Irving Shipbuilding, Halifax Shipyard union reach second tentative deal

The new deal comes just a week after shipyard workers rejected an earlier tentative agreement and had threatened to walk off the job.

Agreement comes a week after hundreds of workers rejected another deal, threatened to strike

The Halifax Shipyard building in Halifax. (Submitted by Irving Shipbuilding Inc.)

Irving Shipbuilding and the union that represents more than 800 workers at the Halifax Shipyard have reached a new tentative contract agreement.

The deal comes just a week after shipyard workers rejected an earlier tentative agreement and had threatened to walk off the job.

The strike was averted when Irving Shipbuilding and the union, Unifor Marine Workers Federation Local 1, decided to go back to the bargaining table.

The shipyard is currently constructing Arctic and offshore patrol vessels as part of the federal government's multi-billion-dollar shipbuilding program.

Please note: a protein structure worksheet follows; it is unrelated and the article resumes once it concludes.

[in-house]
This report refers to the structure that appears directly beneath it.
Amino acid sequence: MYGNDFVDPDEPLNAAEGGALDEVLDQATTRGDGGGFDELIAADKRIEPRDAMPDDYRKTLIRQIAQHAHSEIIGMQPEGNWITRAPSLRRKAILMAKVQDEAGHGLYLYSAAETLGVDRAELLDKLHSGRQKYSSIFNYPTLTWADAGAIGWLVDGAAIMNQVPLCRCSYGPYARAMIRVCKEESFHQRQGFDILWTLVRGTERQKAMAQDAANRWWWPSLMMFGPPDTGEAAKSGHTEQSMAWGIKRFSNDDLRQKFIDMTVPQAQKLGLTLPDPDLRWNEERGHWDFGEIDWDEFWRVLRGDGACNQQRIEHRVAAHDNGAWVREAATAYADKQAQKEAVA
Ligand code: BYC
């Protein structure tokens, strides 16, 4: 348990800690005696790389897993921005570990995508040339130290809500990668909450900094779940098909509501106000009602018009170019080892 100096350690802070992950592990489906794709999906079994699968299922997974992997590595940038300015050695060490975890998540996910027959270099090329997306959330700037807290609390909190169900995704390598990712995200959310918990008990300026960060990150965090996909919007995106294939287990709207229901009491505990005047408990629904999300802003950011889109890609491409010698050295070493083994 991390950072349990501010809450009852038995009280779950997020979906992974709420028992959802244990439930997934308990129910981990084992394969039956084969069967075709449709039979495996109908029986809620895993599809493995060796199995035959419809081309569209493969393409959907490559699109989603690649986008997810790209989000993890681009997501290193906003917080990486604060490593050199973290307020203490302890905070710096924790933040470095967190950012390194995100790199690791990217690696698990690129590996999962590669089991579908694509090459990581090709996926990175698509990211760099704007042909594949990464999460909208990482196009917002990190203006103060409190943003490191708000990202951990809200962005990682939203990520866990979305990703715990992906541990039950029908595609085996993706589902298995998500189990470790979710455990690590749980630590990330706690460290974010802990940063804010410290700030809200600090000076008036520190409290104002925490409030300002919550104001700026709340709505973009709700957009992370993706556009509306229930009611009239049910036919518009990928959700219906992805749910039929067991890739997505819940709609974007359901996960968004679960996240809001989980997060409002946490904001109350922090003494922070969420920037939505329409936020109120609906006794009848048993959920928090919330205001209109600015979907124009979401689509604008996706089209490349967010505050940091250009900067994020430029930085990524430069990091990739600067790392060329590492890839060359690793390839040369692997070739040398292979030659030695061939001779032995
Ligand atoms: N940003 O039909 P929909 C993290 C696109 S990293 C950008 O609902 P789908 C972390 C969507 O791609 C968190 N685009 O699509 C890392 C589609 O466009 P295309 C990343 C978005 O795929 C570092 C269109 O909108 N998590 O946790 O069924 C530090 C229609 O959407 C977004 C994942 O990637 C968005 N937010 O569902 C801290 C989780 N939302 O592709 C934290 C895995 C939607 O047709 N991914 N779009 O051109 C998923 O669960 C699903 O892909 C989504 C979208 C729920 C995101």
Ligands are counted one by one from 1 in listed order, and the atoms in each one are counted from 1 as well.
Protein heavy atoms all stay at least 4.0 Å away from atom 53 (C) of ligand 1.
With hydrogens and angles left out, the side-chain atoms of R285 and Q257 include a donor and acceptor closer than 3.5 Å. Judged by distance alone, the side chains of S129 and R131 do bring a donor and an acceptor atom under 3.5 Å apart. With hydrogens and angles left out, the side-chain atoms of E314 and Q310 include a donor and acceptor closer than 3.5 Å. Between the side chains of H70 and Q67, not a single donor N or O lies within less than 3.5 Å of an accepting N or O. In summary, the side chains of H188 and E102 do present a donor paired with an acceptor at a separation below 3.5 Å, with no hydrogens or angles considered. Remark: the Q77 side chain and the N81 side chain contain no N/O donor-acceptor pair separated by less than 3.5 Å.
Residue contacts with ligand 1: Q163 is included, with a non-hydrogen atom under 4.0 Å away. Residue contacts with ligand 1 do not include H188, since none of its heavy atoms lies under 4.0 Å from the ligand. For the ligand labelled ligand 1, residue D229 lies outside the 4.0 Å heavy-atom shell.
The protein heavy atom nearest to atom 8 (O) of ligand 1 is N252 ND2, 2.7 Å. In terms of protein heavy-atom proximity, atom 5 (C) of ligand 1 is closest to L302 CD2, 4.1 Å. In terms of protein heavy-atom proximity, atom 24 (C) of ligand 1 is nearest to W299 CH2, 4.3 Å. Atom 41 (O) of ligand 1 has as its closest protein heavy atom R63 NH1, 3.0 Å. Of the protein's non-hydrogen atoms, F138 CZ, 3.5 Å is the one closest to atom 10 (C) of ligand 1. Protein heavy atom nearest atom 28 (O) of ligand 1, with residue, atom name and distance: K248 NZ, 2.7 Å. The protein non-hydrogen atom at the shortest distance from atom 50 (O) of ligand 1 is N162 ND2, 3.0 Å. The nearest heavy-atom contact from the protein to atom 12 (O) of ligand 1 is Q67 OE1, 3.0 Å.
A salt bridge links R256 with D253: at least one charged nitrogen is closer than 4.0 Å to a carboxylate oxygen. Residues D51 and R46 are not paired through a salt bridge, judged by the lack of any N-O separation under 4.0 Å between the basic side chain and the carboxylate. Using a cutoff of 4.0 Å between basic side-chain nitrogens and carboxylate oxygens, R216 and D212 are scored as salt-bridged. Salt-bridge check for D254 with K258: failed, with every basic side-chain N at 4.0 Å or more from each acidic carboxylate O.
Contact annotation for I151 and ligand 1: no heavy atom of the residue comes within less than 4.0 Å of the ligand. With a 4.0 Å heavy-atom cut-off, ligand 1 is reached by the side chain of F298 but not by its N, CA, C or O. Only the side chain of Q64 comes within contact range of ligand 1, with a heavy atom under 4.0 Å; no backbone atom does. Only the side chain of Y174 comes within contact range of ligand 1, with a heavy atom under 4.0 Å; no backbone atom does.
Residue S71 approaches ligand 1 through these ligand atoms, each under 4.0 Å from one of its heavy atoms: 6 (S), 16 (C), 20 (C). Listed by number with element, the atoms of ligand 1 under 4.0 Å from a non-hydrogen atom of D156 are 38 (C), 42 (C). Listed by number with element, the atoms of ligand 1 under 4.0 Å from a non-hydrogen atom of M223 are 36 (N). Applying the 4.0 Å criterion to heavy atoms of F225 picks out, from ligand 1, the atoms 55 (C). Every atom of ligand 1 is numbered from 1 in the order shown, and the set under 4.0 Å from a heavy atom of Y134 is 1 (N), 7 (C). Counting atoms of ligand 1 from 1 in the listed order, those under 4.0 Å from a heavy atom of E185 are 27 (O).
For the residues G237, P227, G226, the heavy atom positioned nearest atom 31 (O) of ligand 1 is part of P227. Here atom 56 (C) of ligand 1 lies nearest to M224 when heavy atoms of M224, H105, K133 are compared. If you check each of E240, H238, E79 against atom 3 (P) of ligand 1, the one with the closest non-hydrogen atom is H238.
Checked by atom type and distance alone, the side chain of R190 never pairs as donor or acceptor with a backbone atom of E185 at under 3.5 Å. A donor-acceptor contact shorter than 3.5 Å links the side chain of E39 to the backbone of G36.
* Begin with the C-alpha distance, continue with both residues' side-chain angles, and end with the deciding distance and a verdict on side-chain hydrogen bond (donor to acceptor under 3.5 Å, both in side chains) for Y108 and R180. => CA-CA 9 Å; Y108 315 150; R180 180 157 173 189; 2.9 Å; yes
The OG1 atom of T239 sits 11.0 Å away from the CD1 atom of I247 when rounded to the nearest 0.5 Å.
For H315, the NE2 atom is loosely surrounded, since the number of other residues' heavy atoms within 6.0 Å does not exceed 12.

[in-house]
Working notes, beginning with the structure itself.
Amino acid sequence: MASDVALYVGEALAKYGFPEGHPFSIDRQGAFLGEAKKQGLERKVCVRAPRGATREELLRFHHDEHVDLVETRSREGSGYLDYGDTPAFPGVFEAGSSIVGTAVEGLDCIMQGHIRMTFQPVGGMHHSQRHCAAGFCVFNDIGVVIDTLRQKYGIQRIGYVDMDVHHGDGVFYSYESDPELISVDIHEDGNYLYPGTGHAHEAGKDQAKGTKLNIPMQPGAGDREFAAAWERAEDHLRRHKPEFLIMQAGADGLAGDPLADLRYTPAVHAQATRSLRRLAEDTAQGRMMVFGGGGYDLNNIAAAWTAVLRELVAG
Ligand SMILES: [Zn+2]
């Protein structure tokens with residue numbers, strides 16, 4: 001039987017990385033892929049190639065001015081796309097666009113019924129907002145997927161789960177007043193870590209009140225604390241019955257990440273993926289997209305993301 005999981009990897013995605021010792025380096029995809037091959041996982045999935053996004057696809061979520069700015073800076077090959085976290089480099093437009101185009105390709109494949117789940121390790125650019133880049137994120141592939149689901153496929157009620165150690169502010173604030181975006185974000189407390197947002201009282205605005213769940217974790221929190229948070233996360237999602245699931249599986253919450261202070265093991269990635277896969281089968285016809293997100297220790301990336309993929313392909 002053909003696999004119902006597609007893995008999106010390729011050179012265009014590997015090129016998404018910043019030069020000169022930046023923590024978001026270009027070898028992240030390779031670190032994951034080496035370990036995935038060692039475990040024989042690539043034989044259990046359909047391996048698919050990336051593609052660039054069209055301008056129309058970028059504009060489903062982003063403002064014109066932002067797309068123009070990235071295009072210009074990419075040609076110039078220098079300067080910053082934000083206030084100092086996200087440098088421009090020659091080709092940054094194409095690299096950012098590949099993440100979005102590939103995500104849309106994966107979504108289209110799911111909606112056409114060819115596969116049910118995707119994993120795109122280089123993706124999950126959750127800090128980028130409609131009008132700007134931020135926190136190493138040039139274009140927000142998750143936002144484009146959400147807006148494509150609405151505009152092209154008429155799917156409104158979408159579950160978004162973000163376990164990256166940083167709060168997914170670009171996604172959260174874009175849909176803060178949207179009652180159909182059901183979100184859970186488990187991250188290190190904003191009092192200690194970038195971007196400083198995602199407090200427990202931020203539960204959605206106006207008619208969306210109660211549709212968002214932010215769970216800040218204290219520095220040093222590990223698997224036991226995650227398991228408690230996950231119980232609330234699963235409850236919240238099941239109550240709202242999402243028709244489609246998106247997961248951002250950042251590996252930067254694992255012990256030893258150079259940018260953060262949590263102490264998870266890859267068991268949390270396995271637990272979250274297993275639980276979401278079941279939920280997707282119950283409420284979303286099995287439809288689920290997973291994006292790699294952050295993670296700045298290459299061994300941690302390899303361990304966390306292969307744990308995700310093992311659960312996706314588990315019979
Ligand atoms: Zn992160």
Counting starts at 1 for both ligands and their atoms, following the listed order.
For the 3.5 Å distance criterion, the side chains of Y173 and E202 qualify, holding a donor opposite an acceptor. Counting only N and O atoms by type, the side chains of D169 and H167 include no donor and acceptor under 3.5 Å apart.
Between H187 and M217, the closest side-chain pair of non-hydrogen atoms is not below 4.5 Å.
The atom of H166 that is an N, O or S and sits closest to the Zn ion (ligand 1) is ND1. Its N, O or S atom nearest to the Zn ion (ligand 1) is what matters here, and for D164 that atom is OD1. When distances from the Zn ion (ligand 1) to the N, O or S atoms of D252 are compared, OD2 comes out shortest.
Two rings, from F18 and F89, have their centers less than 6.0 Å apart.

Irving has said the previous tentative agreement offered workers more than $73,000 a year. But the union had said the dispute wasn't over money, instead citing concerns over subcontractors, sick days and disciplinary actions faced by workers.

In a news release Wednesday, an Irving Shipbuilding spokesperson said the new tentative agreement was reached Tuesday. The company said it would release no details until the union has reviewed it with membership.

A news release from the union confirmed a new deal had been reached. The union said it would not comment until membership had voted on the agreement.

The union said that vote is expected to happen sometime next week.